picoCTF2019 Reverse Engineering Asm

Hello, here’s my take on the picoCTF2019 reverse engineering asm challenges. If you don’t know assembly, please watch a few tutorials on it:

asm1 – Points: 200

CMP: Compares the first source operand with the second source operand and sets the status flags in the EFLAGS register according to the results. The comparison is performed by subtracting the second operand from the first operand and then setting the status flags in the same manner as the SUB instruction. When an immediate value is used as an operand, it is sign-extended to the length of the first operand.

JG: Jump short if greater (ZF=0 and SF=OF)

JNE: Jump short if not equal (ZF=0)

	<+0>:	push   ebp # 
	<+1>:	mov    ebp,esp # 
	<+3>:	cmp    DWORD PTR [ebp+0x8],0x37a # 0x345 - 0x37a = -0x35

	<+10>:	jg     0x512 <asm1+37> # -0x35 is greater than 0x512 because it overflowed.
	<+12>:	cmp    DWORD PTR [ebp+0x8],0x345
	<+19>:	jne    0x50a <asm1+29>
	<+21>:	mov    eax,DWORD PTR [ebp+0x8]
	<+24>:	add    eax,0x3
	<+27>:	jmp    0x529 <asm1+60>
	<+29>:	mov    eax,DWORD PTR [ebp+0x8]
	<+32>:	sub    eax,0x3
	<+35>:	jmp    0x529 <asm1+60>

	<+37>:	cmp    DWORD PTR [ebp+0x8],0x5ff # 0x345 - 0x5ff = -0x2BA
	<+44>:	jne    0x523 <asm1+54> # -0x2BA is not equal to 0x523
	<+46>:	mov    eax,DWORD PTR [ebp+0x8]
	<+49>:	sub    eax,0x3
	<+52>:	jmp    0x529 <asm1+60>
	<+54>:	mov    eax,DWORD PTR [ebp+0x8] # eax = 0x348
	<+57>:	add    eax,0x3 # eax = eax + 3
	<+60>:	pop    ebp 
	<+61>:	ret    # return eax

Next Levels

The next levels asm2, asm3 and asm4 got a little more complex and solving them was starting to feel like a chore, my mind was hurting and I didn’t want to keep going the manual way. Lucky, I found noahc3 and this writeup I managed to solve them easily.

We’re going to modify the assembly and compile it with GCC, on my 64 bit Ubuntu I had to install the gcc-multilib package in order to compile 32 bit executables.

Here’s the modified code for the asm3 task:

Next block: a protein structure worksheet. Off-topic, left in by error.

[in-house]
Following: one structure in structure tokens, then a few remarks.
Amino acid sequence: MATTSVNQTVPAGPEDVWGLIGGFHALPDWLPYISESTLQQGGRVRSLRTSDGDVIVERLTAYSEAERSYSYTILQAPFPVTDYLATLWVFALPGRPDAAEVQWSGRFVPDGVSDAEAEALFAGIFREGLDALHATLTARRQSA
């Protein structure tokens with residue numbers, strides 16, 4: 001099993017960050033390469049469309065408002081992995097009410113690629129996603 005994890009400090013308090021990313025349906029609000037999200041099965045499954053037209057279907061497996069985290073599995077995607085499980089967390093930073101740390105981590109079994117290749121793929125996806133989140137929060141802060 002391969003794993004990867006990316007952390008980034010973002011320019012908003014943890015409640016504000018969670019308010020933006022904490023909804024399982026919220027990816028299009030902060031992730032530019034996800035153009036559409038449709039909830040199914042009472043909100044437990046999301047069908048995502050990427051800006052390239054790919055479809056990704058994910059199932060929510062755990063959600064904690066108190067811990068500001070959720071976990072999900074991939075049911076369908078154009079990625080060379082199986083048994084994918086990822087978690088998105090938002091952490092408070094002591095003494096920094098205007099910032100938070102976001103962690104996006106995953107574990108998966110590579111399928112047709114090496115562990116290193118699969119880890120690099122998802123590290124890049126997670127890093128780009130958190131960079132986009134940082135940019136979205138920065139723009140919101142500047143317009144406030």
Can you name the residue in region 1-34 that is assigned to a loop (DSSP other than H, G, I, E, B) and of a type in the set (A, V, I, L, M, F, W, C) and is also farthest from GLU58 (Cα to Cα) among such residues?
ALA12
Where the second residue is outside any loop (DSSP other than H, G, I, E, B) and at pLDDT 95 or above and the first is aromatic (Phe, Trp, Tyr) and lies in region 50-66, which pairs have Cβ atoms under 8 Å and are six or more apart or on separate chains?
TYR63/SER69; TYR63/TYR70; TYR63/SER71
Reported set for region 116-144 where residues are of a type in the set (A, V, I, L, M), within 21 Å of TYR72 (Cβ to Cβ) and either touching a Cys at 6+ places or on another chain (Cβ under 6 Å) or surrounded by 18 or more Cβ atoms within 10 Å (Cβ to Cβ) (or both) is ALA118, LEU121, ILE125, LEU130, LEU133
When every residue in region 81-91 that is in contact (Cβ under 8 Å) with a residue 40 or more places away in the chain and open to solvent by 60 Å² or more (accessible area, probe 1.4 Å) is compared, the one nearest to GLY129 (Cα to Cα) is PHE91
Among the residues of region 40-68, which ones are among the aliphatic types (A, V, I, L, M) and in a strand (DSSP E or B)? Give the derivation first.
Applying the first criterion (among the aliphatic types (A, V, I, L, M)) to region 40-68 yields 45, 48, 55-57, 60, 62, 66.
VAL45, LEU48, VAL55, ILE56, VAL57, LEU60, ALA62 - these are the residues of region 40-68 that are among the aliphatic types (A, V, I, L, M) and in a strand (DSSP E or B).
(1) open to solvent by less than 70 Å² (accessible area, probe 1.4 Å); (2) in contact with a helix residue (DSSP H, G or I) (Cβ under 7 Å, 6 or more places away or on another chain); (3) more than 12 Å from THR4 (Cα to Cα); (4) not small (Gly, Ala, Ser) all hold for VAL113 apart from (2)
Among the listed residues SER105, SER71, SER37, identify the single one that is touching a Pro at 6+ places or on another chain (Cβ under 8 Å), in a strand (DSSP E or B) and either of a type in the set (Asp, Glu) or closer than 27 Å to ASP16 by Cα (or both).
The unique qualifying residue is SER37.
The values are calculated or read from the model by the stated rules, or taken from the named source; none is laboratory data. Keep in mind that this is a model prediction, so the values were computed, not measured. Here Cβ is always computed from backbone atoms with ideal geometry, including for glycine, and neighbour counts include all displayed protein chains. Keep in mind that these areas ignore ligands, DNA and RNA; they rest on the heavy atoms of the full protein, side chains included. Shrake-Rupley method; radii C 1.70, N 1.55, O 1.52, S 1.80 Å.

.intel_syntax noprefix

.global asm3

	push   ebp
	mov    ebp,esp
	xor    eax,eax
	mov    ah,BYTE PTR [ebp+0x8]
	shl    ax,0x10
	sub    al,BYTE PTR [ebp+0xe]
	add    ah,BYTE PTR [ebp+0xc]
	xor    ax,WORD PTR [ebp+0x10]
	pop    ebp

What we’re going to do next is to write a simple main.c program that calls the functions with the required arguments:

#include <stdio.h>

int main(void) {
    printf("Hello World!");
    // printf("Flag: %un", asm2(0xe,0x22));
    printf("Flag: %un", asm3(0xcdc485c1,0xd6bd5e88,0xe4c1548d));
    // printf("Flag: %un", asm4("picoCTF_fdb55"));

Next we’re going to compile the assembly code, the main.c file and the final executable:

 gcc -m32 -c asm3.S -o asm3.o -fno-stack-protector -no-pie
 gcc -m32 -c main.c -o main.o -fno-stack-protector -no-pie
 gcc -m32 -o a.out main.o asm3.o -fno-stack-protector -no-pie

If we execute a.out we should get our flag.

Thanks for reading!

PicoCTF 2019: whats-the-difference (Points 200)

Can you spot the difference? kitters cattos. They are also available at /problems/whats-the-difference… on the shell server

In order to easily solve this challenge, I’ve used xxd and cut to generate an ascii hexdump of the images:

➜  Downloads xxd kitters.jpg | cut -d ' ' -f 11 > kittens_text.txt

➜  Downloads xxd cattos.jpg  | cut -d ' ' -f 11 > cattos_text.txt

Since I wanted to do a per character diff I wrote the following Python script:

def main():
    new = open("cattos_text.txt")
    old = open("kittens_text.txt")
    old_file = old.readlines()
    new_file = new.readlines()
    print("Loaded lines", len(old_file), len(new_file))
    for line in zip(old_file, new_file):
        for number, old_char  in enumerate(line[0]):
            if old_char != line[1][number]:
                print(line[1][number], end="")


And finally run the script:

➜  Downloads python diff.py
Loaded lines 212919 212919

X-MAS CTF 2019: Binary Exploiting & Reversing Write-Ups


Here are my write-ups for the X-MAS CTF 2019 organized by https://htsp.ro/.

Reversing: Santa’s crackme

Santa’s crackme is easy to solve when using Ghidra, all you need to do is open up the binary, read the code and use the XOR Memory script from Ghidra.

The flag is retrieved from flag_matrix and xored by 3.
Select the flag data, right click on Script Manager and execute the XorMemory script
We get the flag, except for the first character

Reversing: X-MAS: Lapland Mission

Since this is an Unity game we can easily patch it using dnSpy.

Open X-MAS Lapland MissionX-MAS_DataManagedAssembly-CSharp.dll and navigate to PlayerControl class and replace the Die() method with a simple return by clicking edit method and compile.

Play the game, kill all robots and get the flag.

Exploitation: SN0WVERFL0W

To get the flag we need to override the return address of the main function during the buffer overflow.

The buffer size is 10 bytes, the frame address is 8 bytes and the return address is also 8 bytes. We can use Python to create a file with the input we need to pass to the binary:

python -c "print('a'*10+'a'*8+'x56x11x40x00x00x00x00x00')" > in.txt

I’ve overridden the return address of main with the return address of the function which prints the flag, you can find that address by inspecting the binary in Ghidra.